While the first Senate votes on health care repeal largely followed script, there was a surprise. Seventeen Democratic senators voted against a measure that would repeal the much-maligned expansion to 1099 tax form reporting requirements.
On first take, these votes seem odd, at the least. I expected a unanimous vote, or close to it, on repeal of this part of the health care law. As I wrote here, there are sound policy and political reasons for lawmakers, regardless of party, to support repeal of the 1099 expansion. What’s more, during his State of the Union address, the president gave Democrats political cover when he called out, in no uncertain terms, that he wanted Congress to repeal that specific provision of the health care law. This weekend, The Wall Street Journal’s editorial pages referred to the seventeen no votes as “[a] mystery.”
I think Majority Leader Harry Reid left us some clues to solve this mystery. These seventeen votes were, I suspect, intended to reassure liberal activists and commentators that Reid is in charge of his caucus and is ready to put up a good fight on every front against the Republican assault on the health care reforms.
It’s a message to be skeptical about.
Before we look at just how believable that message is, I should explain why this seems to be a coordinated message from Majority Leader Reid.
First, if you look at who cast those no votes, it sure looks like the Democratic leadership rounded up a modest number of senators who could withstand the electoral risk of making an unpopular vote in the interest of advancing the party’s cause. Twelve of the nay votes came from senators who are not up for reelection in 2012, and the other five were cast by heavy favorites in this election cycle. The other twenty Democratic Senators beginning reelection campaigns got a pass on this one.
Another indication that these votes were meant to be a signal: the high-profile members of the Democratic party leadership all voted no. Majority Leader Reid, Sen. Durbin, Sen. Schumer, Sen. Murray, and Sen. Inouye (the President Pro Tempore and senior statesman of the caucus) cast five of the no votes. What makes that solidarity even more interesting, and I think telling, is that Harry Reid deputized Ms. Stabenow, who is Vice Chair of the Democratic Policy Committee, to introduce the successful amendment. Stabenow’s sponsorship of the amendment along with no votes indicate to me that the Democratic leadership was at once supportive of the repeal itself and engaging in signaling with their votes. (The successful amendment was appealing to Democrats because, although the repeal would be offset by directing the OMB to use funds already appropriated by Congress that are as yet unspent, the measure protected the Pentagon, the Department of Veterans Affairs, and the Social Security Administration from any cuts.)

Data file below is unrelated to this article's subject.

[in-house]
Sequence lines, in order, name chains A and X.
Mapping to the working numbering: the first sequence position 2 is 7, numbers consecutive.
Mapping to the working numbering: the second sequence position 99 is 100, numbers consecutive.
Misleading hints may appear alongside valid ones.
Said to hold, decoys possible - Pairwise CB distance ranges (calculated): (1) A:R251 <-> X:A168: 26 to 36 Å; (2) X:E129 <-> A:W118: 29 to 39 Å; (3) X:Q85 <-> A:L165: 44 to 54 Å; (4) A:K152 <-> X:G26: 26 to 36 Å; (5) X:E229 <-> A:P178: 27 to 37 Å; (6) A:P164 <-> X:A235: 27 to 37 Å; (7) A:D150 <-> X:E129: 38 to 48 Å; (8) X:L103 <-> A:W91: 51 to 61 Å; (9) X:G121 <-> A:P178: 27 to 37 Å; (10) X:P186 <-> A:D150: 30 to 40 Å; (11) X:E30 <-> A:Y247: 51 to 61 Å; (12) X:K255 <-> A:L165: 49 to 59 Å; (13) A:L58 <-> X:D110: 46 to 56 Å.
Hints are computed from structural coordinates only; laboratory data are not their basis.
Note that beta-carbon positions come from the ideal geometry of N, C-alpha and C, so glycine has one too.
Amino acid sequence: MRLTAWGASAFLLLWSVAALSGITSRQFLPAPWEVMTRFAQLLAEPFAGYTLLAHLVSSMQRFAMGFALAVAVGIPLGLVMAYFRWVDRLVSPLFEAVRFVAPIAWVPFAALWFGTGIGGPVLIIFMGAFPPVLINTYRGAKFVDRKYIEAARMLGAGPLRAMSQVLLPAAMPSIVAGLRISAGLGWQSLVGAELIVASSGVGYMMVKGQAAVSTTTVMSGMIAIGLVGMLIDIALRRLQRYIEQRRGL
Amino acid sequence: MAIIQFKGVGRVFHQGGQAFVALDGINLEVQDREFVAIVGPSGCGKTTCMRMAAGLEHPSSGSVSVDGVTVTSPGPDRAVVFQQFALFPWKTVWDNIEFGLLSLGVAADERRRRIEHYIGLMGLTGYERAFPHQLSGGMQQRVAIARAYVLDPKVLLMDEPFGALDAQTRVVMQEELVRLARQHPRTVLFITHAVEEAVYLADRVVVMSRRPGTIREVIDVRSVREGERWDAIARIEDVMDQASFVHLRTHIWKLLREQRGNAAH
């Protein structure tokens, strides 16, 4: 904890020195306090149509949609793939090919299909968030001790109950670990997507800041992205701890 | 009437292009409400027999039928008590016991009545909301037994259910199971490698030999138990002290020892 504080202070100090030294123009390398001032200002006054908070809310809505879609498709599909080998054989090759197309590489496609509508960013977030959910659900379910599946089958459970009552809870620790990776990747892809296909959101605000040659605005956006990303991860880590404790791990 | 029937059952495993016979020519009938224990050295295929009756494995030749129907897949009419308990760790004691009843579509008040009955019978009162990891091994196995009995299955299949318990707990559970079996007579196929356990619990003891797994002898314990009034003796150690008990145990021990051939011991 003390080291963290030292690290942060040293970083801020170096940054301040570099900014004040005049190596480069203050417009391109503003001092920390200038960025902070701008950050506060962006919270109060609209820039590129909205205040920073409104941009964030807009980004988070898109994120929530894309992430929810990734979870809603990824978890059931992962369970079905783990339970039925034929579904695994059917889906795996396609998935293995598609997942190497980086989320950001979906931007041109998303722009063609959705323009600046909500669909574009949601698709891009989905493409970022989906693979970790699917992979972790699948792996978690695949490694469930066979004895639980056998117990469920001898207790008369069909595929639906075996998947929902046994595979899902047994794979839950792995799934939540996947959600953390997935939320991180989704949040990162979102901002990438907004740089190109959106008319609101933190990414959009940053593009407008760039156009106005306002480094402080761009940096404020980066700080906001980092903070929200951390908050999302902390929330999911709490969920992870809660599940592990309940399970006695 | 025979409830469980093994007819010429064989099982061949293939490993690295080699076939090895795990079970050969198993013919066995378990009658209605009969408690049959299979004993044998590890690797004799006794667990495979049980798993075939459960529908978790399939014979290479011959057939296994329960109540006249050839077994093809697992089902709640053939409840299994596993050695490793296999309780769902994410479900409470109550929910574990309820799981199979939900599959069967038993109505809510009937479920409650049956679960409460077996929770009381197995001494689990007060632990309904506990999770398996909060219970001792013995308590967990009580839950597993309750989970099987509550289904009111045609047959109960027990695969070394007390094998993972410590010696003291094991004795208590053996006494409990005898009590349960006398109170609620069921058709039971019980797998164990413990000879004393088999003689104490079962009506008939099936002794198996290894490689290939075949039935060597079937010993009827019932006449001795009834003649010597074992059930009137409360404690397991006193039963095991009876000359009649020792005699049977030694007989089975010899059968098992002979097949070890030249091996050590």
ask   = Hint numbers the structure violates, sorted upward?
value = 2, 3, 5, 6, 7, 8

Third, I’ve done some academic research on party whipping activities in Congress, and I’ve found that when leaders are rounding up tough votes, they tend to turn to the far wings of their party. The idea is to reach out to the lawmakers who already see themselves firmly aligned with the party rather than wasting limited resources trying to convince more moderate members who often feel pressured by the conflicting demands of party loyalty and the preferences of constituents back home. The 1099 roll call shows that kind of pattern. Thirteen of the seventeen votes came from lawmakers who fell in the most liberal half of the Democratic caucus during the 111th Senate as ranked on the standard liberal-conservative scale used by political scientists. So you get nay votes from rank-and-file members Sen. Franken, MN (2nd most liberal); Sen. Sanders, VT (6th); Sen. Whitehouse, RI (8th); Sen. Akaka, HI (14th); Sen. Levin, MI (15th); Sen. Lautenberg, NJ (16th); Sen. Reed, RI (18th); Sen. Leahy, VT (21st); Sen. Mikulski, MD (23rd); and Sen. Harkin, IA (25th).